So ordered.


FOOTNOTES

[Note 1] In addition to the commissioner, Larry E. DuBois, and the Department of Correction, the defendant also filed this 42 U. S. C. Section 1983 (1988) action against several officials of the department, individually: Nancy A. White, associate commissioner and general counsel; Paul Rakiey, superintendent, North Central Correctional Institution at Gardner (NCCI); Edward Foley, deputy superintendent, NCCI; Stan Suchocki, unit manager, NCCI.

[Note 2] The plaintiff's several convictions of murder in the first degree were affirmed in Commonwealth v. Jackson, 384 Mass. 572 (1981); Commonwealth v. Jackson, 388 Mass. 98 (1983); Commonwealth v. Jackson, 391 Mass. 749 (1984).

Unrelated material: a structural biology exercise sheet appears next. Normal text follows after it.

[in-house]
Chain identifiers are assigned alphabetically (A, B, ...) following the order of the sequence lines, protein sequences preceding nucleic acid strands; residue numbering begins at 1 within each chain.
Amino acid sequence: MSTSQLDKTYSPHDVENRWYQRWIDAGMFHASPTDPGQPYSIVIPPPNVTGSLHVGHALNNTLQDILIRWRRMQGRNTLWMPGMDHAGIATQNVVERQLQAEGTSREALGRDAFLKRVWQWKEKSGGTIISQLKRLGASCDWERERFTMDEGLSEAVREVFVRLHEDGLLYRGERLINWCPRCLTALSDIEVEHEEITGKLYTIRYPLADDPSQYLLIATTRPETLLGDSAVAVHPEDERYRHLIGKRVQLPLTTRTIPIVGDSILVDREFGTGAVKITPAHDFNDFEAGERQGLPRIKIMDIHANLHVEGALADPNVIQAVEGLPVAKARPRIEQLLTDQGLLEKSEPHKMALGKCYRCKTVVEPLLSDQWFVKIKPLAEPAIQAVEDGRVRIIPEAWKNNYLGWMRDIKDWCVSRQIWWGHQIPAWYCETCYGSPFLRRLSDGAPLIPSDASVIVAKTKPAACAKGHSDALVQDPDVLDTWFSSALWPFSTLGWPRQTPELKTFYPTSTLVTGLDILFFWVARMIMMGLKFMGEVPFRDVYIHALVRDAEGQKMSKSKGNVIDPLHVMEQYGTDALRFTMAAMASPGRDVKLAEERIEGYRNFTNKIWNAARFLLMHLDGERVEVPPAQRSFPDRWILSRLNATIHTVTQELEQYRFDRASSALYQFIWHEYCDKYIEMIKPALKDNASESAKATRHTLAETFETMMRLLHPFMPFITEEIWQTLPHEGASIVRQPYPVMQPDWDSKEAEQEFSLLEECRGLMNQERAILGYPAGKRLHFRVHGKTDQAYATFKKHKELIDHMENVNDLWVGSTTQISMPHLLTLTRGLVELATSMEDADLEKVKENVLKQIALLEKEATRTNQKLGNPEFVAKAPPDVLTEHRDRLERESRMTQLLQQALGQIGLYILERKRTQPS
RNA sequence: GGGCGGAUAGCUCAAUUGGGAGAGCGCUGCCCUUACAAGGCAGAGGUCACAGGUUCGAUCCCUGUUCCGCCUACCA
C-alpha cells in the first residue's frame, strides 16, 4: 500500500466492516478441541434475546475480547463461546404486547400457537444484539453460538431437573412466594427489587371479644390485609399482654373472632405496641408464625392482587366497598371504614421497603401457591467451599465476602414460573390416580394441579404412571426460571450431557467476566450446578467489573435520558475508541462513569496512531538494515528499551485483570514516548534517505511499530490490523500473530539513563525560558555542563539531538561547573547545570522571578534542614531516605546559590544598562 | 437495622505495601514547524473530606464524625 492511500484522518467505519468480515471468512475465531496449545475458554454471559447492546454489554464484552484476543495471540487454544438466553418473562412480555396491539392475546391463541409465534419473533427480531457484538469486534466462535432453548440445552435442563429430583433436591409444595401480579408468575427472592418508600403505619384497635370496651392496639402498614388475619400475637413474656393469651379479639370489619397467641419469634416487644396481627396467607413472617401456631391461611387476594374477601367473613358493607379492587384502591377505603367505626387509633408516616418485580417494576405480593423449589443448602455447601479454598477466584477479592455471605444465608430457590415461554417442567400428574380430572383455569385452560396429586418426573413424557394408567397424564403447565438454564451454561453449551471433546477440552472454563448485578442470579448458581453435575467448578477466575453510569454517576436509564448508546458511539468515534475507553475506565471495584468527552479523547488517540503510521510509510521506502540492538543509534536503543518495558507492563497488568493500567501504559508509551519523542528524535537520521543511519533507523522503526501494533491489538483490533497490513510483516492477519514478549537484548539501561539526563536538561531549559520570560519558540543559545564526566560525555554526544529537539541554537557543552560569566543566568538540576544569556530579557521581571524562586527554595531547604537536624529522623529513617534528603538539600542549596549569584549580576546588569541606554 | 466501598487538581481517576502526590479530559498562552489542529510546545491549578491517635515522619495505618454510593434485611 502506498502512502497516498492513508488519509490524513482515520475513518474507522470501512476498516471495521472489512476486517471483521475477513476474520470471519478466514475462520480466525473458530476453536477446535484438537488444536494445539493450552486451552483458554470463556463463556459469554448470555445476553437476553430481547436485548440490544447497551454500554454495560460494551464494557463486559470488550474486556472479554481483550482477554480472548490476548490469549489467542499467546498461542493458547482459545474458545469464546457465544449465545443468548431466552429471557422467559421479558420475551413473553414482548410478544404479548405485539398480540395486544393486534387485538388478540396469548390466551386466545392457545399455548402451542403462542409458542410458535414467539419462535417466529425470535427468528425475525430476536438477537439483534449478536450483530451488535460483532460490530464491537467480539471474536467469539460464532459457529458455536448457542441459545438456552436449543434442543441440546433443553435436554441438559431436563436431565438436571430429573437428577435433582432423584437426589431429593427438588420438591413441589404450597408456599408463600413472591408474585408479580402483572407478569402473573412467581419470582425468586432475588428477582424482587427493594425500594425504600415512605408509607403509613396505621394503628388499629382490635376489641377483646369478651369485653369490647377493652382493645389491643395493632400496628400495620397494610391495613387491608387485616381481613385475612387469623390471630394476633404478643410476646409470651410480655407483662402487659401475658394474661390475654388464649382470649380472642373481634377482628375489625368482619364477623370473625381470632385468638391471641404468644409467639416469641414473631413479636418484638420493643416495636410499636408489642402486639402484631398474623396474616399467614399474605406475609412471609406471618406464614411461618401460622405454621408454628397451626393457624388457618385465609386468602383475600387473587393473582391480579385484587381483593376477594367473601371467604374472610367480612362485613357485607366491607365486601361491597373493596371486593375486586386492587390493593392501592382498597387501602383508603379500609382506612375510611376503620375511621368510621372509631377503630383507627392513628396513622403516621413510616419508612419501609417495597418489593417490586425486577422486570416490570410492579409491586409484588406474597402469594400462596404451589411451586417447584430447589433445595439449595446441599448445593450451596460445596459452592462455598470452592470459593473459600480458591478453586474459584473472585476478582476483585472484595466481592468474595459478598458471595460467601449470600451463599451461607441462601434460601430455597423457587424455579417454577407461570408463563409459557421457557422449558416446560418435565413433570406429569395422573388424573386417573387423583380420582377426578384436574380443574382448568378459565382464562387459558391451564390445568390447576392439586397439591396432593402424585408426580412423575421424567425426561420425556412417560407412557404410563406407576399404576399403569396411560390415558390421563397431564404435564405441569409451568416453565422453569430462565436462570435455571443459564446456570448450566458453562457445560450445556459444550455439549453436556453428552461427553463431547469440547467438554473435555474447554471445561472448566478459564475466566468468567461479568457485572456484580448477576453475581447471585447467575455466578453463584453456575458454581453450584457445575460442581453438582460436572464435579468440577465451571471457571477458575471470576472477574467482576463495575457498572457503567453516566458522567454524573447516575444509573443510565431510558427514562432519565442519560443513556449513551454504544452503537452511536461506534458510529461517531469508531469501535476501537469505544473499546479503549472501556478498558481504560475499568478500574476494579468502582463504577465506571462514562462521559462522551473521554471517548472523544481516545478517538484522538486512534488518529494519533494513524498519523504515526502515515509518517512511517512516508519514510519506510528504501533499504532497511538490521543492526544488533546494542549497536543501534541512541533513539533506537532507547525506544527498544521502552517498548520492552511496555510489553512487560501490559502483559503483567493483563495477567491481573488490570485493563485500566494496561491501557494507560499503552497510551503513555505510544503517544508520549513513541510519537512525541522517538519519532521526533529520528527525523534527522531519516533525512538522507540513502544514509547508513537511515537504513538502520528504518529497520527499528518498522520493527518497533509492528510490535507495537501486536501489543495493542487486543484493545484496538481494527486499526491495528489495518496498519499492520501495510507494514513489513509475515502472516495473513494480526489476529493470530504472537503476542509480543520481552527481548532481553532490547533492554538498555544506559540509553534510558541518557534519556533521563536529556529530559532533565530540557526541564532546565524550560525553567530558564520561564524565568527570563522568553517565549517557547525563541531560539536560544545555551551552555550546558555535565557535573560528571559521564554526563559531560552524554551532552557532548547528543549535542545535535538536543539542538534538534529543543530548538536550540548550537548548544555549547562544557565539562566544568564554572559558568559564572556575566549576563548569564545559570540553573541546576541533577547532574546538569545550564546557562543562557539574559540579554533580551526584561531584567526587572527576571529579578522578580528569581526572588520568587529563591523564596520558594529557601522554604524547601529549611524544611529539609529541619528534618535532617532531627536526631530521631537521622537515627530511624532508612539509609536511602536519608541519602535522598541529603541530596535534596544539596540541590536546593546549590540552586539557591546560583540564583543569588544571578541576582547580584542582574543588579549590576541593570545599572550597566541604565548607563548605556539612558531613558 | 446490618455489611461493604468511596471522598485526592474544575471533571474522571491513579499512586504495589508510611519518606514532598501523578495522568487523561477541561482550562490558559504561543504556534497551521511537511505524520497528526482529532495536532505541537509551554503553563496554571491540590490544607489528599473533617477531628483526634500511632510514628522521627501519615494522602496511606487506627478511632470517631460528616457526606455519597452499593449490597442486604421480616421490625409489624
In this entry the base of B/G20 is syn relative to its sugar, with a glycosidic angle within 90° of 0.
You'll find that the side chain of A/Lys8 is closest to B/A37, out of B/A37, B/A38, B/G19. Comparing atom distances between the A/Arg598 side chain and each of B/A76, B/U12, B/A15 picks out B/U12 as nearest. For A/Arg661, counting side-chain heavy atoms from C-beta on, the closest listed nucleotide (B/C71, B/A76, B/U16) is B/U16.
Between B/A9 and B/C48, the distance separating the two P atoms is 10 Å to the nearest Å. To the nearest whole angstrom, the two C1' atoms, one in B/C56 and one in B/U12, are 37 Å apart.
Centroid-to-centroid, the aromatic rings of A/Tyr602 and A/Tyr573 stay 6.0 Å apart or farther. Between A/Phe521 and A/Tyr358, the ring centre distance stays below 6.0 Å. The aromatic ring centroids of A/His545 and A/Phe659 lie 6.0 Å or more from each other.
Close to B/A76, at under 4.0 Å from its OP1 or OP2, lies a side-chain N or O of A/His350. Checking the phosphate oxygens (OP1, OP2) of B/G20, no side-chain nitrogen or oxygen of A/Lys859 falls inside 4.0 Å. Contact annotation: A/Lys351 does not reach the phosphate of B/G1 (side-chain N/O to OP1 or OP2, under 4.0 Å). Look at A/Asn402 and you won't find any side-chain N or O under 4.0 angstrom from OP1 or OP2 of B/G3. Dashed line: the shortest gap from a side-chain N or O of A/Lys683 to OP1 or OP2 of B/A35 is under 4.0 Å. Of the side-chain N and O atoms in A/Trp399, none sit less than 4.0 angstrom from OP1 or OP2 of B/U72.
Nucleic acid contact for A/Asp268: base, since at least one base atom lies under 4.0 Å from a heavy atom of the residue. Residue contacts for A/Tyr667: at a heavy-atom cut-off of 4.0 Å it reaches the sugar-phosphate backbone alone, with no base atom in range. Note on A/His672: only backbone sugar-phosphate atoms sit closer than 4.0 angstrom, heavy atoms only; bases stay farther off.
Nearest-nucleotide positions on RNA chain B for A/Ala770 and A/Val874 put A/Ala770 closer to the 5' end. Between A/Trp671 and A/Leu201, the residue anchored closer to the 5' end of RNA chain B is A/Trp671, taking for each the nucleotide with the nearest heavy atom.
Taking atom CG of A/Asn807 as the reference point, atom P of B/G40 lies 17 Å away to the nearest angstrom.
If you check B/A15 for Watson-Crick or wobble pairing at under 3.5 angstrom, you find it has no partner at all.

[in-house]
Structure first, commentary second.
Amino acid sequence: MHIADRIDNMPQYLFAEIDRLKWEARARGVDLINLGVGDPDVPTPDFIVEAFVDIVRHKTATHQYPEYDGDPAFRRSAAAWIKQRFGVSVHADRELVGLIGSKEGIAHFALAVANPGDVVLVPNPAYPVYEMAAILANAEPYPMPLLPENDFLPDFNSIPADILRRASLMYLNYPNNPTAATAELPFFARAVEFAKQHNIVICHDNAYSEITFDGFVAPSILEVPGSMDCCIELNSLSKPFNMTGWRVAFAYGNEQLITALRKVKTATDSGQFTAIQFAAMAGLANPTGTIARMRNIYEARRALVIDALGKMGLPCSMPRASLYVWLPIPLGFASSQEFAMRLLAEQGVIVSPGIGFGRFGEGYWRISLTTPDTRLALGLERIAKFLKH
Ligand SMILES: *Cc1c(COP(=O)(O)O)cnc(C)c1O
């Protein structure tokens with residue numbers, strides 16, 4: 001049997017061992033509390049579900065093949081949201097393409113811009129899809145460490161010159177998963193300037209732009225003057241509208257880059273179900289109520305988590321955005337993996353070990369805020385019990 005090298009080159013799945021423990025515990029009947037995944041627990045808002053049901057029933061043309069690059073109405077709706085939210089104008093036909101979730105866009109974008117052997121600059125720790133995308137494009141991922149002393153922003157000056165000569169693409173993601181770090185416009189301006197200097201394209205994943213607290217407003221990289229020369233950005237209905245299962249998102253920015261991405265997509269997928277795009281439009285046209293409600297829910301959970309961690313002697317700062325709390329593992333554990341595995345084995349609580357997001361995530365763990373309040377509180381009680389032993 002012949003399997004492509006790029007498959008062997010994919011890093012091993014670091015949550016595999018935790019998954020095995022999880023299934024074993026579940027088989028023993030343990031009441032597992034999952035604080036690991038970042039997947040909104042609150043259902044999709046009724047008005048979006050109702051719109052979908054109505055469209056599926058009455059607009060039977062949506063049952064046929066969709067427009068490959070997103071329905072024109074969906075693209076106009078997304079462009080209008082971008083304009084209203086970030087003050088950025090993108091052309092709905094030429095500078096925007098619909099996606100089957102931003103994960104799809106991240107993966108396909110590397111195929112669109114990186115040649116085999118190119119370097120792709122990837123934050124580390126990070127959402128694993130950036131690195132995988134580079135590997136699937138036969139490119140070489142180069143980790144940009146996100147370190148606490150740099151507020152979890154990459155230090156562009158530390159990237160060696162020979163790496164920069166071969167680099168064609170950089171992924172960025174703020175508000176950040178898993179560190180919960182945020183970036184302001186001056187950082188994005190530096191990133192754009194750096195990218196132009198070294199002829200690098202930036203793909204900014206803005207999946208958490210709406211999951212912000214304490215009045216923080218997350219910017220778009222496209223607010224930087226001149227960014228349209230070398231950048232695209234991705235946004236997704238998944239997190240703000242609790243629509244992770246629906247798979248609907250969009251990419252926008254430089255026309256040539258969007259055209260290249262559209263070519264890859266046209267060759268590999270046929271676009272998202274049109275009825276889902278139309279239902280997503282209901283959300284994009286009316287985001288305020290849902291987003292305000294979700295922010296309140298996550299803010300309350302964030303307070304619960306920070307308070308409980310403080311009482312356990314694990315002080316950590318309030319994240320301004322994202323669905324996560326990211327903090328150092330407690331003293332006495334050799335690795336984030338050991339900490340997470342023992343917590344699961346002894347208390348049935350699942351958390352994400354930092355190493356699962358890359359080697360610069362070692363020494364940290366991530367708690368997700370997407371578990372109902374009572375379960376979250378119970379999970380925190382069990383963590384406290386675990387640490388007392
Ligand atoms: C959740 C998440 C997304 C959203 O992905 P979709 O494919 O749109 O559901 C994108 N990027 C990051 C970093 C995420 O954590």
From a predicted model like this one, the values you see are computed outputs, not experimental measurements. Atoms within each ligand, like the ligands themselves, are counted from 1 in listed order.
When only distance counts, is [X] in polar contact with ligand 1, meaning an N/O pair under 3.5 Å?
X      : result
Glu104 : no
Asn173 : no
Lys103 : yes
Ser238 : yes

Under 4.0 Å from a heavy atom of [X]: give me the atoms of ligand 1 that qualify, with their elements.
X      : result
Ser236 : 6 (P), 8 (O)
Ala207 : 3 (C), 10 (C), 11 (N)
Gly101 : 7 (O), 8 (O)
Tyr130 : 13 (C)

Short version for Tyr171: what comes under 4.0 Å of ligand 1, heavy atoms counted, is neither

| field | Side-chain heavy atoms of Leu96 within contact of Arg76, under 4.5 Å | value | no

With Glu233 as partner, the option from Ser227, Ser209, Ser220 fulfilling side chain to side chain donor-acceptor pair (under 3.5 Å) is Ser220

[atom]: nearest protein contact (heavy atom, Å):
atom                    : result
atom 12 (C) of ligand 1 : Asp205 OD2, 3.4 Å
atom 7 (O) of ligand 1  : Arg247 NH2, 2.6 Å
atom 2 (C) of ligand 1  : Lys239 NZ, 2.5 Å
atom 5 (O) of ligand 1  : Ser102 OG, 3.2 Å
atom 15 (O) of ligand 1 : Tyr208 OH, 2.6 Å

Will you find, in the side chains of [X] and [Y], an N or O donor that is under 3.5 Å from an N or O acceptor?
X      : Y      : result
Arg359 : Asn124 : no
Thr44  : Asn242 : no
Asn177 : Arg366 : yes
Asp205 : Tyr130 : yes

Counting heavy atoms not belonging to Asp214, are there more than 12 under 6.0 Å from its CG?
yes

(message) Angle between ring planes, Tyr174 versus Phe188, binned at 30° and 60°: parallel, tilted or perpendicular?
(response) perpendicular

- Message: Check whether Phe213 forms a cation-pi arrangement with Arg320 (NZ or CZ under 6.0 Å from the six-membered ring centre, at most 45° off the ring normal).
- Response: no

[Note 3] By its terms, the smoking policy established at NCCI on November 1, 1987, "is applicable to all work areas and public areas."

[Note 4] To the extent that the defendants assert, on appeal, objectionable hearsay in the plaintiff's reference to the physician's telephone call, we note that no motion to strike any portion of the plaintiff's affidavit was filed. Accordingly, the motion judge's apparent adoption of the statement was within his discretion. See Stetson v. Selectmen of Carlisle, 369 Mass. 755 , 763 n.12 (1976).